by Larry Norton
At the Pub West conference on February 6, 2016 in in Sante Fe, some of the industry’s most professional small publishers gathered in a packed conference room to hear a panel discussion about “Using Metadata for All It’s Worth.” The panel was moderated by Mark Ouimet (Ingram), featuring Leigh Grinstead (Lyrasis), Joe Matthews (IPG), Joshua Tallent (Firebrand) and me (Larry Norton, INscribe Digital). You can check out the slide deck here.
Leigh Grinstead took on the challenge of encouraging publishers to educate their authors about metadata and its critical importance to the successful publication of their titles. The best information about a title often comes from its original source, she explained, so raising author consciousness about metadata gets the whole process off to an excellent start. Leigh’s goal is to get publishers and authors to embrace standards that will flow all the way through the supply chain to bookstores, websites, and libraries (which are Leigh’s professional area of specialty).
Speaking for the publishing services company INscribe Digital, I raised the subject of ONIX, the highly efficient XML format for sharing bibliographic data, which is now the industry standard, and how powerful it can be in driving sales for publishers, if used to its fullest extent. In fact, many independent publishers are now realizing that investing in ONIX and migrating their data is a straightforward way to position their companies for growth. I also mentioned that INscribe Digital has just released a new white paper for publishers, “Five Ways to Optimize Your Metadata and Sell More Books.”
With a show of hands, we learned that almost everyone in the room knew what ONIX was, but when asked how many had actually coded ONIX, not one hand went up. “That’s OK,” panelist Joshua Tallent told the audience, because you don’t need to know ONIX if you have a good title management system, or if you have databases that can export ONIX. However, publishers need to know what is important about ONIX, and how to organize metadata in order to leverage it, he said. That will help publishers select the best third party to manage the process, and also help organize the company workflow, so that the right data appears in the right field for the right title at the right retailer.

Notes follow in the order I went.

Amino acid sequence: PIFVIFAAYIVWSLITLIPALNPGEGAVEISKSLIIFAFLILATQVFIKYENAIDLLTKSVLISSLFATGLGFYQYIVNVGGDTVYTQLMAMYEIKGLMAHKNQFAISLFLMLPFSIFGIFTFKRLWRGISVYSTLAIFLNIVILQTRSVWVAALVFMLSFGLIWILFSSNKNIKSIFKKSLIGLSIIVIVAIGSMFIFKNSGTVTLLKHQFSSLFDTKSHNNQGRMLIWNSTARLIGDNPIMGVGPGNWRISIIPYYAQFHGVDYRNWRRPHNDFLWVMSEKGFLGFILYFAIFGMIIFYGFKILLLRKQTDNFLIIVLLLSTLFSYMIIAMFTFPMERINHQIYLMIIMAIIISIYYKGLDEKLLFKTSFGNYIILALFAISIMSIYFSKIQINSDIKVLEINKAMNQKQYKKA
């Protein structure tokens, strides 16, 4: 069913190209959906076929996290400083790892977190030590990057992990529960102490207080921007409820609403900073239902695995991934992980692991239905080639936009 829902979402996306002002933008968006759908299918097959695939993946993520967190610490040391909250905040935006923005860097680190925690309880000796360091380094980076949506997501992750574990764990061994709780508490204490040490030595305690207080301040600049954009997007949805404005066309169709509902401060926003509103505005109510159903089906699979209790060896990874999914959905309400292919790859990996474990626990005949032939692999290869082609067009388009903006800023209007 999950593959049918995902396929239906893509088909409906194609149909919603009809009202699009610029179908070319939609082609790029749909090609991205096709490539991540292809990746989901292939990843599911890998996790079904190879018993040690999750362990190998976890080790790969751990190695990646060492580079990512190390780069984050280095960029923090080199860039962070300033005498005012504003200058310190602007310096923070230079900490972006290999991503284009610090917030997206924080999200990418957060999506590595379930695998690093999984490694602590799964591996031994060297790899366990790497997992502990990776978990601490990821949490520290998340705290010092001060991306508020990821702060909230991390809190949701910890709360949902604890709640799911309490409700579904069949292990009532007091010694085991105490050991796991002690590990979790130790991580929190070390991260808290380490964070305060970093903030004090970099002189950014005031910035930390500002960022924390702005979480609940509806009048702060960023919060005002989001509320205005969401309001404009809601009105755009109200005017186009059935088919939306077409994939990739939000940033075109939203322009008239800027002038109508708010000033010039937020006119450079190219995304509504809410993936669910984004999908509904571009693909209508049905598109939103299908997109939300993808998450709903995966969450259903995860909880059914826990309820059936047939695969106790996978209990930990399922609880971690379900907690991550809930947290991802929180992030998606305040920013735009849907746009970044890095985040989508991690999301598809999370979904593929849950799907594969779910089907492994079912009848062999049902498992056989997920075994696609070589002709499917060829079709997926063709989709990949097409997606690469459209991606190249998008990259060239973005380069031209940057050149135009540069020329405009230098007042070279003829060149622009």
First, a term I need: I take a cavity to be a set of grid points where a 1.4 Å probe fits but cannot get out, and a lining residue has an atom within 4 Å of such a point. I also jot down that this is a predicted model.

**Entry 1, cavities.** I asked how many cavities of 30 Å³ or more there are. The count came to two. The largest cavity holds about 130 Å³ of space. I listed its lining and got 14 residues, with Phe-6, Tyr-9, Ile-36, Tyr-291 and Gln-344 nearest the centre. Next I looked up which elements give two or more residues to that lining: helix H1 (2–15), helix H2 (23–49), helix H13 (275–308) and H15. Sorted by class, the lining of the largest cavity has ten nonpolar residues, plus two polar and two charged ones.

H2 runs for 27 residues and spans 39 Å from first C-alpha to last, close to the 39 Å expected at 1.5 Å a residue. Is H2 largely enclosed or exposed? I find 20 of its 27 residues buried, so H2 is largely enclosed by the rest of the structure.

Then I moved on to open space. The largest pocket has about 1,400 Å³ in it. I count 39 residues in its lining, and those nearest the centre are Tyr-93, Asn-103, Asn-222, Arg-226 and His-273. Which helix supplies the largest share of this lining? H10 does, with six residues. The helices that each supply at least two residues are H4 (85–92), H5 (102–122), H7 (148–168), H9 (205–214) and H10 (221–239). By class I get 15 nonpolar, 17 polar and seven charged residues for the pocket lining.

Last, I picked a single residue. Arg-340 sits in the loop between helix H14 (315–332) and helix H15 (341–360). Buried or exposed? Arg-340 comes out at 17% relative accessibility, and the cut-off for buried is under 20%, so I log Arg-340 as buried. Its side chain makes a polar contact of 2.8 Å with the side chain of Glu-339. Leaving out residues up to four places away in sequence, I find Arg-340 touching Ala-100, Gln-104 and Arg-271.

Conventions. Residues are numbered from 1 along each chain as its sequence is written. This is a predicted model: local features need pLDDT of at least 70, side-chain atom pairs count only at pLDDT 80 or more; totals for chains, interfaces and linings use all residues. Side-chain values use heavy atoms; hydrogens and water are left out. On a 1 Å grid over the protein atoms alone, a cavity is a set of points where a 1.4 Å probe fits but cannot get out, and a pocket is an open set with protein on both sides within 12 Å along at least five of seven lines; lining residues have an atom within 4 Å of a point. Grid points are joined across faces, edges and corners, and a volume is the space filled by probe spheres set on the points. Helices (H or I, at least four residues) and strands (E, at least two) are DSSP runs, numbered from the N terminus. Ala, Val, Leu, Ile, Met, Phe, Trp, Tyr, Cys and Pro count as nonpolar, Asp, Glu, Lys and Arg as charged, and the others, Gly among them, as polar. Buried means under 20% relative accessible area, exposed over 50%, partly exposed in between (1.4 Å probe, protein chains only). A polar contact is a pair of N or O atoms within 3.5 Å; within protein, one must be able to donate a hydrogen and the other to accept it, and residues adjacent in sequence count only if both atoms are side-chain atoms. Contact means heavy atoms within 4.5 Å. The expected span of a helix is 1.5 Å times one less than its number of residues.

Joe Matthews spoke to the realities of the ONIX supply chain, explaining that even though a publisher many have perfect metadata perfectly expressed in ONIX, it’s a messy world out there, and it’s important to be aware of the pitfalls and odd practices in the marketplace. Metadata moves from source to source unevenly, and often gets overwritten in ways that publishers do not want. So, according to Joe, one key action that publishers must build into their efforts is to regularly audit retailer web sites to make sure that the metadata is accurate and correctly displayed. Many ONIX suppliers now offer auditing tools to help publishers monitor retailer sites in a more automated fashion, he added, so publishers should be sure to ask about these features when selecting a third party.
The robust question and answer period facilitated by moderator Mark Ouimet (Ingram) underscored how hungry publishers are for insight into industry best practices for managing metadata.